At first no one was to be seen along the wooded, hilly shore, but after a while a small launch put out from a veiled landing some 300 yards away.
The men in the launch wore American Army uniforms and all hands were on the qui vive as they came up the gangway. But alert, too, were the strangers, for they drew their service revolvers as soon as they stepped over the rail. After all, the Coast Farmer flew no flag and bore no markings on her bow or stern.
Grim jaws relaxed, however, as everyone realized that the rendezvous had come off as planned and the boarding party introduced themselves as Colonel Chastine, Major Gregory and Mr. Wilder, a civilian pilot. While the crew rigged booms and tackle for discharging, Mr. Wilder brought the ship to anchor very close to shore under the shadow of a mountain rising nearly 3,000 feet above the sea, thus affording some cover from the air spotters and making it harder for bombers to attack from the land side.
In the week that followed, Army stevedores and the freighter’s own men unloaded her vital cargo of guns, shells, food and medical supplies, then took aboard $150,000 worth of tin, a scarce material of war which factories were crying for back in the states.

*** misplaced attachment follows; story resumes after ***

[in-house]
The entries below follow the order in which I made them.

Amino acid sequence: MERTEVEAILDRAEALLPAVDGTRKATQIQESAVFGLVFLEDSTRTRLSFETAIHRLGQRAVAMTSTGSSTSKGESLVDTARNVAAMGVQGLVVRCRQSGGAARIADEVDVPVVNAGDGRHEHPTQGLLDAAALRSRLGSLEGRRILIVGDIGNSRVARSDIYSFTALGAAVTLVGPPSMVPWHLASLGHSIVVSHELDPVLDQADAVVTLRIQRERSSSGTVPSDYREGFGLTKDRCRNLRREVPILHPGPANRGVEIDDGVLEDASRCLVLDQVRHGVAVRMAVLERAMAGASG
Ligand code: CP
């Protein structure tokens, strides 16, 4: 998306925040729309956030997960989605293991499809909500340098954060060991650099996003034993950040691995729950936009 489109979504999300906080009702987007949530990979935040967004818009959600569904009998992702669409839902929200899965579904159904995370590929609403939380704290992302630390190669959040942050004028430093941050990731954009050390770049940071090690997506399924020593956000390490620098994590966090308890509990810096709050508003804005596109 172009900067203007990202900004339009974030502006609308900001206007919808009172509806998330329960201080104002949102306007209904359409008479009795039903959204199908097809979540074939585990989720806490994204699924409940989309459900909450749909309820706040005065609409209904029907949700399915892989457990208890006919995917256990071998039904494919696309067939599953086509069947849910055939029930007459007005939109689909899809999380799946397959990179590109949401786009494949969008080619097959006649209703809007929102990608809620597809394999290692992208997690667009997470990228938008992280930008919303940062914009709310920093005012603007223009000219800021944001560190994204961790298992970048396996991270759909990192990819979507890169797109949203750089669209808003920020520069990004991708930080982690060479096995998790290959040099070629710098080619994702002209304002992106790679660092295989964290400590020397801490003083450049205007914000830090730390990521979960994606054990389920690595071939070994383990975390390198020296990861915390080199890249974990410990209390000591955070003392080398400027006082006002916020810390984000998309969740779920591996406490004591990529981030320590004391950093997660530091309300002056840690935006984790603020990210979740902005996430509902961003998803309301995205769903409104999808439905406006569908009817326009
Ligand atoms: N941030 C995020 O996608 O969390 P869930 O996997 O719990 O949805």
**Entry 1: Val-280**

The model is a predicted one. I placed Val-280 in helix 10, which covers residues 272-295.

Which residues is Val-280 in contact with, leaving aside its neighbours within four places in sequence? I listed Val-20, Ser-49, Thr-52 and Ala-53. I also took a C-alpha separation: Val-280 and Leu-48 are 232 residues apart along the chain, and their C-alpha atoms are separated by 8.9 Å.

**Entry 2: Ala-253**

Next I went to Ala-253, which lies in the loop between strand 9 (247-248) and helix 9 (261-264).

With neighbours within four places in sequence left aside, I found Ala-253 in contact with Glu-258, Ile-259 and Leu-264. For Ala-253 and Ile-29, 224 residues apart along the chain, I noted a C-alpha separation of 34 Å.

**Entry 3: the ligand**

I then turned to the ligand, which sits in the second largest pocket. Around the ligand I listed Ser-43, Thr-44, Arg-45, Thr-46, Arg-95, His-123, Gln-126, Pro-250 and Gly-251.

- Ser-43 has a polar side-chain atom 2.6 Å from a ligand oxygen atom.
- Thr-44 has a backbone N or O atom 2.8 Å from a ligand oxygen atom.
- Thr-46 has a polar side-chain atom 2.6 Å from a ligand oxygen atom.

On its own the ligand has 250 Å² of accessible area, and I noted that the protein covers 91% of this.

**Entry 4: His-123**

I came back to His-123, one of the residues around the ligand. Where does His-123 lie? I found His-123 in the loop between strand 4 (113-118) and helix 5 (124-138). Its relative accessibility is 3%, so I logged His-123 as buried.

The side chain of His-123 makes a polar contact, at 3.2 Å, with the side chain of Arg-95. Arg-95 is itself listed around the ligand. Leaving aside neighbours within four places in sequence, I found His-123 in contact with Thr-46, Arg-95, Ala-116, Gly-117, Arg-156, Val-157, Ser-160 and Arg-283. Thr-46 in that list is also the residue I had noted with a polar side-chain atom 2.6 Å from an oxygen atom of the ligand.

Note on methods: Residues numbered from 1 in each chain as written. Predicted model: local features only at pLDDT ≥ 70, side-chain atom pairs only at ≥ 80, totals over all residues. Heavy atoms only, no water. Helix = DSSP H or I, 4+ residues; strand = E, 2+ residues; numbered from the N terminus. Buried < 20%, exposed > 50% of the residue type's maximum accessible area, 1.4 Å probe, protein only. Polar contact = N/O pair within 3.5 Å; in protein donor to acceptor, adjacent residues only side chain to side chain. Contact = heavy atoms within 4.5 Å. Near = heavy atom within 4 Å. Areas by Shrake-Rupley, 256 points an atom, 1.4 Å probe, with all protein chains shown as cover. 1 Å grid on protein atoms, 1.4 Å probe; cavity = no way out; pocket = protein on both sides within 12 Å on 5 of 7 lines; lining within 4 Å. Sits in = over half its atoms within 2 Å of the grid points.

The Army men at Gingoog were amazed that the Coast Farmer had made it through, for they had received reports that the Japanese sank her, along with several other vessels trying to run the gauntlet to Bataan.
Fourteen-hundred miles unescorted and unarmed through enemy waters alive with Japanese planes, ships and subs – it was a feat of heroic proportions.
While the discharging was underway, the crew acquired several monkeys and a lively dispute arose as to whether they should be kept or put ashore, one faction claiming the simians would bring good luck, and the others averring that they didn’t want any part of “monkey luck” good or bad.
The “official” ship’s mascot was a scrawny cat and the chief carried his own mascot in the person of an Angora rabbit.
When the tin was stowed away, the anchor chain ground up through the hawse and the brave little ship headed out to sea.
From the shore the doughboys waved them a wistful goodbye and as Captain Mattson put his ship seaward on the tide it was with the gravest misgivings, for a Japanese cruiser had been reported not far down the coast.
“At 3:00 PM,” said the Skipper’s official report, “we were on our way, taking great care not to let the fires smoke, keeping a good lookout for floating mines, and spinning the rudder hard over when one was sighted right ahead.”